January 31, 2020

Fourth quarter GDP growth continued onward and upward at a 2.1% pace.  This means that GDP came in at 2.3% for 2019.  In fact, the annual growth rates for GDP have exceeded the 2.0% mark every year since 2012.  While there have been quarterly wiggles, annual growth has been remarkably steady and it is still showing no sign of slowing down.  There is also no sign of a pickup in the inflation rate.  To us, that is remarkable.  Economists continue to believe that the economy’s potential growth rate – also known as its economic speed limit — is 1.8%.  We suggest that — with the help of technology — potential growth has already climbed to 2.3%, and with 5-G coming could be even more rapid in the years to come.

As we look back on the past several years, spikes in volatility reflect a series of fears that t a recession was not far distant   Those concerns included everything from Russian hacking of the Democratic Convention prior to the 2016 election, the surprising outcome of the 2016 election, the French election, sanctions on North Korea, the imposition of tariffs, a prolonged government shutdown, Brexit,and  fears of slower growth in Europe.  Prior to that we had seen numerous European financial crises with government bailouts of Greece, Spain, Portugal, and Ireland.  These fears seem to re-surface annually.  But the economy marches on.  Perhaps it is time to rethink the notion that potential GDP growth is still 1.8%.

The Fed and the Congressional Budget Office both believe potential GDP growth is 1.8%.  Potential growth is a longer-term concept so perhaps they are right.  But the world is changing rapidly with the help of technology.  Big data help companies better understand their customers – who they are, where they are, their sex, age, and education.  They can better target their marketing efforts to the people who are most likely to buy their product.  This almost certainly boosts top line growth.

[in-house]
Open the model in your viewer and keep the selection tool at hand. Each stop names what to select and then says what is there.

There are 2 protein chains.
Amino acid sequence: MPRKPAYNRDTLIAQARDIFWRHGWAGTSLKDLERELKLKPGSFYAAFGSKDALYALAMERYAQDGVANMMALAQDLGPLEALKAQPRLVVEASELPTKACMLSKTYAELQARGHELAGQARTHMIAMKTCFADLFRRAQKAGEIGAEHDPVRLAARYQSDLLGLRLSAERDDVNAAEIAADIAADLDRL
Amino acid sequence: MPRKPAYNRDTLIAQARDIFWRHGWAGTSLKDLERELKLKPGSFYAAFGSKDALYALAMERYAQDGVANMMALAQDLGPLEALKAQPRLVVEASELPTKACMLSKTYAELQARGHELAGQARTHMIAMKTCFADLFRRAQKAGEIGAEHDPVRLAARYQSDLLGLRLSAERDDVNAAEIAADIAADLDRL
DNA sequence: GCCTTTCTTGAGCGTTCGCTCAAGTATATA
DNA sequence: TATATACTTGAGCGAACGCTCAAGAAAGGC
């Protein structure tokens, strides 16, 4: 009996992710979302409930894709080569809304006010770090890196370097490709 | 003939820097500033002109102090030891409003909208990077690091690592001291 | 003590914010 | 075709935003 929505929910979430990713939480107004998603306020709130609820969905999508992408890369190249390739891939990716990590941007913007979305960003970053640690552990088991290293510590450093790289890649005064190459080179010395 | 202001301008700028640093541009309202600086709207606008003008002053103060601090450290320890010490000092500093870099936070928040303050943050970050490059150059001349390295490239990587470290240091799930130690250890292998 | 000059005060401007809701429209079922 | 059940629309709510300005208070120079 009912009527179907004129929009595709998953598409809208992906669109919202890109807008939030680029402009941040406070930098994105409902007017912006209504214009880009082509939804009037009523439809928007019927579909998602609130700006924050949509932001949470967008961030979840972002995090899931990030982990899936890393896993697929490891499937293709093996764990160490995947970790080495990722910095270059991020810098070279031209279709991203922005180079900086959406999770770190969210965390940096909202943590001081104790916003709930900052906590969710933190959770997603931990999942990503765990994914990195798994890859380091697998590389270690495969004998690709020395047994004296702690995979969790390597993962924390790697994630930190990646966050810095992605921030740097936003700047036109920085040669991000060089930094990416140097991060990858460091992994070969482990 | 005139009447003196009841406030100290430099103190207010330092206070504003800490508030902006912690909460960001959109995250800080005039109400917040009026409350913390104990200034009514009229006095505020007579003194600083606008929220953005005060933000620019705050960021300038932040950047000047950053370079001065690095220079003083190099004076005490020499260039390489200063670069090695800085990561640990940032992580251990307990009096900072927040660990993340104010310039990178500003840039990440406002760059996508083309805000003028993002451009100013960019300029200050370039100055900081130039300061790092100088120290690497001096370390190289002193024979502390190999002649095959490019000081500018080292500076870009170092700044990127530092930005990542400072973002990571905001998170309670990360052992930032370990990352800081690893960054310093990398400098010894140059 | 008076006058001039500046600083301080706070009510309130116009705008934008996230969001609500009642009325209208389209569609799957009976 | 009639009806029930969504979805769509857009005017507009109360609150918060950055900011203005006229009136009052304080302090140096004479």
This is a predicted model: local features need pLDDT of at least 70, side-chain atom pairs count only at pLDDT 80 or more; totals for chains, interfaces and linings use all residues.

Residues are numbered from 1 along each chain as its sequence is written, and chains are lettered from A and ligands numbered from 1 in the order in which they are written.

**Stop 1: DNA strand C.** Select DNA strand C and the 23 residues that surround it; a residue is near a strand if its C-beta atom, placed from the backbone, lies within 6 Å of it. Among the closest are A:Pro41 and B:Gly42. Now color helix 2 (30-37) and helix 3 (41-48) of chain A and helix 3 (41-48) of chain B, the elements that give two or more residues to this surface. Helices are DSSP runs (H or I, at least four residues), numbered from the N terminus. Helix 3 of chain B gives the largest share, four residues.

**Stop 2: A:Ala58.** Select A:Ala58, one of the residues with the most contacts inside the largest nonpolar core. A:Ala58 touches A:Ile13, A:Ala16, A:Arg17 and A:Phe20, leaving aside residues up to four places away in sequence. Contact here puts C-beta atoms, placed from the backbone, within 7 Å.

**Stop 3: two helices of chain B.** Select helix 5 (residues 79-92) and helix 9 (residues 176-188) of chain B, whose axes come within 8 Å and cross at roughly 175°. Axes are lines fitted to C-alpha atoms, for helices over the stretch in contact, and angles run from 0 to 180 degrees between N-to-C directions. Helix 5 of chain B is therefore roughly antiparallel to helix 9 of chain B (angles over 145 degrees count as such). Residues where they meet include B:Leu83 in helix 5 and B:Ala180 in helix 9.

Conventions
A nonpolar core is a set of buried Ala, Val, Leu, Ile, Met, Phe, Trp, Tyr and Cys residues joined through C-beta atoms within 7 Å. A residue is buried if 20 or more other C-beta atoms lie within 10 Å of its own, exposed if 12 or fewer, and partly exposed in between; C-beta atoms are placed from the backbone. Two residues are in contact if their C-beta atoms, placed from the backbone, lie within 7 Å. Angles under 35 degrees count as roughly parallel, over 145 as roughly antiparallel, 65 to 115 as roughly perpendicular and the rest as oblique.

By having more targeted advertising, firms can also lower their costs.  3-D printing has lowered the costs of producing machine tools that are more accurate and cost less than ever.  With apps this list of cost-saving devices is almost endless.

Faster revenue growth and lower costs generate profits and help to explain the lofty level of the stock market.

These cost cutting efforts suggest that productivity growth has accelerated.  In both the past year and the past three years productivity growth has averaged 1.5%. Thus, faster productivity growth is being sustained.  Something different seems to be happening.

Faster growth in productivity is typically fueled by faster growth in investment spending.  But yet, in the past year investment spending has slipped to 0%.  While that might suggest that productivity growth will soon slow, perhaps we should not be too quick to reach that conclusion.